An American Hope

Posted on November 5, 2008

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Frederick Douglass

Frederick Douglass

I read Huckleberry Finn five times when I was a teenager.  That great Mark Twain novel inspired in me a wanderlust so strong it tore me out of school before I had even graduated.  (I did return, eventually.)  After I had seen some of Canada, I then began, over several summers and occasional other seasons, to explore the country of Twain, south of the border.  I saw a lot of highways, from Maine to California, from Chicago to Houston, got drunk in New Orleans during the Mardi Gras, climbed a mountain in Wyoming, busked on the sidewalks of San Francisco, lost a resounding game of chess in a park in Washington, D.C.  And along the way I met so many generous and open people of so many different voices and varieties that it makes me smile sometimes to remember them.

The United States of America produced many of my heroes:  the already mentioned Mark Twain, Frederick Douglass, Abraham Lincoln, Franklin Delano Roosevelt, Louis Armstrong, Mohammed Ali, Henry David Thoreau, Martin Luther King, and many, many others.

It created the music I love, jazz, blues, country, bluegrass, rock and roll, Cajun, Zydeco, Tex-Mex, r&b.

Yet the country which calls itself America has often troubled me also, with its foreign policies which seemed often too ready to go to war, with its racial divide, with its cultural arrogance, with its Christian intolerance, with its easy acceptance of poverty and unequal opportunity.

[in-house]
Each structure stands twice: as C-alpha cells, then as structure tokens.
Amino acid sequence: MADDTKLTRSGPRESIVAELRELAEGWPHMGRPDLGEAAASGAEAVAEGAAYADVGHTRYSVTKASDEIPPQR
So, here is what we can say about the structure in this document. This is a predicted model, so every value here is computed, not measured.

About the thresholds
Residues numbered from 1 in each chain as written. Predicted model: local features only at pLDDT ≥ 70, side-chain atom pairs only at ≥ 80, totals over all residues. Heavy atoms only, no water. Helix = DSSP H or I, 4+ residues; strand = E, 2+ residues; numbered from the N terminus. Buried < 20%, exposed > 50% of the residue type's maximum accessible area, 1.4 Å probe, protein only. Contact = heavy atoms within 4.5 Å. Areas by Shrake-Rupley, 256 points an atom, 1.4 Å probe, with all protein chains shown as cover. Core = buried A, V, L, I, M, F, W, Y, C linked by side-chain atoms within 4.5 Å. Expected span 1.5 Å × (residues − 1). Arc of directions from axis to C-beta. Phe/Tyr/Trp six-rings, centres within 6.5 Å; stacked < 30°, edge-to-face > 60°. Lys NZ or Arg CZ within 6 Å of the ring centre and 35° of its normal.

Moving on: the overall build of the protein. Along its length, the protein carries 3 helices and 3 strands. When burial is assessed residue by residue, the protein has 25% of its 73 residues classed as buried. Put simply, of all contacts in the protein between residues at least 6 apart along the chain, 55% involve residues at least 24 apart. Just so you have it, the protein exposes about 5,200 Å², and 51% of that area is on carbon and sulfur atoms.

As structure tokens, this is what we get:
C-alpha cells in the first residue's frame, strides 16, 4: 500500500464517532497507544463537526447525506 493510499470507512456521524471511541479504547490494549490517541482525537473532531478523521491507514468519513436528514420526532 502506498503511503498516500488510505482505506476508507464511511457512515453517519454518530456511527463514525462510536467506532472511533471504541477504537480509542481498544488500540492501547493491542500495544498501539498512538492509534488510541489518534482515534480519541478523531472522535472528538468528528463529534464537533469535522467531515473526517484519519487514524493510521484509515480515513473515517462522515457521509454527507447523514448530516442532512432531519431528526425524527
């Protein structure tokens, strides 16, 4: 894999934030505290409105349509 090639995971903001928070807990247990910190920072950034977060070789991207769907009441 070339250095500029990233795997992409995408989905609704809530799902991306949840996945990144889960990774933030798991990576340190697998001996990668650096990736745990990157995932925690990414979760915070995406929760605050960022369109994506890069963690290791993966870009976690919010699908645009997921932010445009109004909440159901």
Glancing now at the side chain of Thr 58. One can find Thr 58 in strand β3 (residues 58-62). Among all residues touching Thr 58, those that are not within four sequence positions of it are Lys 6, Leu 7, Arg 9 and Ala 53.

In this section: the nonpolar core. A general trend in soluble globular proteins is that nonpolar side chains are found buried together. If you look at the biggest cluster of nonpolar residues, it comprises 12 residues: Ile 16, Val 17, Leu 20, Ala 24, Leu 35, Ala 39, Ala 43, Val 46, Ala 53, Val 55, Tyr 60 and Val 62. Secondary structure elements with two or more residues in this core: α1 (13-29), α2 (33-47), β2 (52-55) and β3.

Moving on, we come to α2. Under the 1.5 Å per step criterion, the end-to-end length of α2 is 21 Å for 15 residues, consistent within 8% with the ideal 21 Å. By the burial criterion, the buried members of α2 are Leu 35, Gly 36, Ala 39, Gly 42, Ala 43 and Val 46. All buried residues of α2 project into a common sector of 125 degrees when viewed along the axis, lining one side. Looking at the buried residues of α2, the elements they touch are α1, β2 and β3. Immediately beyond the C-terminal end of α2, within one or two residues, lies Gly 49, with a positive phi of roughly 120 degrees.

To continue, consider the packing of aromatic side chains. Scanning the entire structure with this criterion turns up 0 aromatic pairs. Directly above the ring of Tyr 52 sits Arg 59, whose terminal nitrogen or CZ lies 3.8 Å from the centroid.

I have not always been happy with America.

The USA is a powerful country, an influential country, a country of great wealth and promise – but also a country severely flawed in many ways, as I believed.  But yesterday, beyond all hope, and yet at the same time, in an unprecedented harnessing of hope, the American people elected Barack Obama for President.

Yesterday a man of colour assumed the role of America’s leader.  I could hardly believe it.  Six months ago I wrote somewhere that I did not think it was possible.  Yet it happened.

Yesterday America proved that it is not merely a powerful country, that it is not merely a wealthy country, that it is not merely an influential country.

Yesterday America proved, contrary to all doubts and misgivings that it is, in fact, and as it has always claimed, a great country.

May the American promise that was born yesterday in the voting booths continue and prosper.

You have given me hope, and for that I thank you, all you people of America.

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